- Your grandchildren: Children of your qualifying children, who are unmarried, under the age of 21, and in their country of origin.
- Your spouse: Your spouse in Central America if they are part of the same household as your qualifying child; legally married to you at the time of application; and continue to be married to you at time of entering the United States. This spouse can also bring their unmarried children under the age of 21, even if those children are not related to you.
- Your children’s other parent who is not married to you: In-country parent of the qualifying child if they are the biological parent of the child and part of the same household. This parent can also bring their unmarried children under the age of 21, even if those children are not related to you. This parent can also bring their legal spouse.
- Your children who are married and/or 21 years old or older. These children can bring their spouses and unmarried children who are under the age of 21.
- If you are a legal guardian, not parent, then you can include the siblings of the qualifying child who are married and/or 21 years old or older.
- Your child’s caregiver: Primary caregiver of the qualifying child who is part of the same household as the qualifying child, and is related to you or the qualifying child.
- If you are a legal guardian, the primary caregiver of the qualifying child must be related to the qualifying child.
The CAM program allows these children and family members to enter the United States as either refugees or parolees. All beneficiaries are first considered for refugee status and then, if denied refugee status, considered for parole status.
If I apply for CAM, what should I expect? The steps of the application process are:
- Submit application: Qualifying parent or guardian with lawful status in the United States applies for CAM with help from the organizations submitting applications nationally, KIND and IRC, or from a local resettlement agency. To apply through the national system, call the IRC CAM Hotline at (917) 410-7546. Or submit a referral form through this link. To apply through a local resettlement agency, use this website that lists the resettlement agencies to identify the one in your area. Click the most up-to-date “R&P Affiliate Directory.” There is no fee to apply for the CAM program.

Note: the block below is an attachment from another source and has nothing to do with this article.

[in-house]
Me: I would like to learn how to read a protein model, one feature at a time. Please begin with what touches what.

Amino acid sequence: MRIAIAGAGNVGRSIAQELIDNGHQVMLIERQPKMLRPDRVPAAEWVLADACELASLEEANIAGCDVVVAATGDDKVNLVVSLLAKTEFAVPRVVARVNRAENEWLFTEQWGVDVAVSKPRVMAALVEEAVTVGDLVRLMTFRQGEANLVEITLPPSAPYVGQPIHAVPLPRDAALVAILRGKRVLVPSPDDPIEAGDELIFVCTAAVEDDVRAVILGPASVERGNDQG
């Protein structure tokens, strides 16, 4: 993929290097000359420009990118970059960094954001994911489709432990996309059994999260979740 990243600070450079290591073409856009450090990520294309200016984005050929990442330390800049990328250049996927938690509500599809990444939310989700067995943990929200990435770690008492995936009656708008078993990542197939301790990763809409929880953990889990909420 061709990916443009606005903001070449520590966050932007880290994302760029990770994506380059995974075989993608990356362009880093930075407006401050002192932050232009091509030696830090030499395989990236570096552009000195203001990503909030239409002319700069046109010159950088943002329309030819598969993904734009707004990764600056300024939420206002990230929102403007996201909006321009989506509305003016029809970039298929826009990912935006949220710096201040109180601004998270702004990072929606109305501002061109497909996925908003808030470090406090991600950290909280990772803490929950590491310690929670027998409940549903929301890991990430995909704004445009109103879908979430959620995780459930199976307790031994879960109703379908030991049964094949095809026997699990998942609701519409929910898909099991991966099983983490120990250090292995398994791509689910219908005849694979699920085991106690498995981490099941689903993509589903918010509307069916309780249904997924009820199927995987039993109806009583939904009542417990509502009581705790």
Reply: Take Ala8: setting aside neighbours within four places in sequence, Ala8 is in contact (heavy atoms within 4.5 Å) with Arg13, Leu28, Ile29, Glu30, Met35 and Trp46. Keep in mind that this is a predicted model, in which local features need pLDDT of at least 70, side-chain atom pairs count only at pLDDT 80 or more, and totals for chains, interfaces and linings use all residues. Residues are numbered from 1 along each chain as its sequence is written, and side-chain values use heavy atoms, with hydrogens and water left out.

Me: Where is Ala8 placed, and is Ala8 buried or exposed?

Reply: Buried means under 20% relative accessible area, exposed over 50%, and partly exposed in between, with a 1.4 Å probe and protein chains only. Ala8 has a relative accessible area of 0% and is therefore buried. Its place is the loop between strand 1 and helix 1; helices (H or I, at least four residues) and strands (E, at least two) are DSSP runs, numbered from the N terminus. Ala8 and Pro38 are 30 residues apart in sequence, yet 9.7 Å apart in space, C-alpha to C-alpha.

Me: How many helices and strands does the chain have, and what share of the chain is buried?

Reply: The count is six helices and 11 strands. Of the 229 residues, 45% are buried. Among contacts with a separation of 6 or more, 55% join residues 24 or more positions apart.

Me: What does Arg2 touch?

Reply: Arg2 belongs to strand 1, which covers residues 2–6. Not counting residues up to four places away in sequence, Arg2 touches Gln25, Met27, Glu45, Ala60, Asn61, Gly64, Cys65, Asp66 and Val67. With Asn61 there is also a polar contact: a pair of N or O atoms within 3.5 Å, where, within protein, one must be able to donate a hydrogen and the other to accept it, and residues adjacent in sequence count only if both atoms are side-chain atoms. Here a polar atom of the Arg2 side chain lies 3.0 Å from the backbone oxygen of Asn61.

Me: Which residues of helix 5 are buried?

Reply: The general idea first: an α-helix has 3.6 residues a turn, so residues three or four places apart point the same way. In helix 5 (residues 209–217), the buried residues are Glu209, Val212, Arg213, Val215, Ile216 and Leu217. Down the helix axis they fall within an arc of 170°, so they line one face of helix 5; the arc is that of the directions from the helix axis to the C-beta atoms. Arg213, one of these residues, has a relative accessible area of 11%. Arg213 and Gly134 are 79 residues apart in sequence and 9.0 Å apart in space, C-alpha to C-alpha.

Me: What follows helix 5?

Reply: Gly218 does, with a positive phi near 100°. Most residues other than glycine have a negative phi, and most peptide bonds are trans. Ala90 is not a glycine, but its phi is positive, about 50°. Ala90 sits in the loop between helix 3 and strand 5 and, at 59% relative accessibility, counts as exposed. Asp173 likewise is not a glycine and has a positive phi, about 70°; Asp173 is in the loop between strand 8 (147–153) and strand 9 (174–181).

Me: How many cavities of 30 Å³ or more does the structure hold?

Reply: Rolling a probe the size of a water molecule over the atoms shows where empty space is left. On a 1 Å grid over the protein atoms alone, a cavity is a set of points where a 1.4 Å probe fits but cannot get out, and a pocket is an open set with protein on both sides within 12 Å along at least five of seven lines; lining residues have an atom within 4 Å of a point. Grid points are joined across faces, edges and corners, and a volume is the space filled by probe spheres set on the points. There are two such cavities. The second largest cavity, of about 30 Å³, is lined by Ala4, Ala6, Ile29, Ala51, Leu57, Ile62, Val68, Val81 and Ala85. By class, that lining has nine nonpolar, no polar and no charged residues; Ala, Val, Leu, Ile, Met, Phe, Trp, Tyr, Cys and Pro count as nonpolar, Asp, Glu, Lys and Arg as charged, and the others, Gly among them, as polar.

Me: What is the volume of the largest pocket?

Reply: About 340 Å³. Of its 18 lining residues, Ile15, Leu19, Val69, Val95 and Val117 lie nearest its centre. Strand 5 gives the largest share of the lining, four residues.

- Pre-screening: Your child and family members in Central America will undergo a pre-screening interview by the International Organization for Migration (“IOM”). IOM is a contractor of the U.S. Department of State. The information collected in this pre-screening interview is passed to the US Government in conducting your refugee interview later. For more information, please visit IRAP’s USRAP interview preparation guide through this link.
- DNA test: If you are claiming a biological parent-child relationship, you and your children will take a DNA test to prove your relationship. A DNA test is also required for all family members applying for the CAM program if their relationship to you or your children can be verified through DNA. As of December 2022, the US Government is supposed to pay for DNA tests and families are not supposed to have to pay. In practice, many families pay and can request reimbursement in order to ensure the tests occur promptly.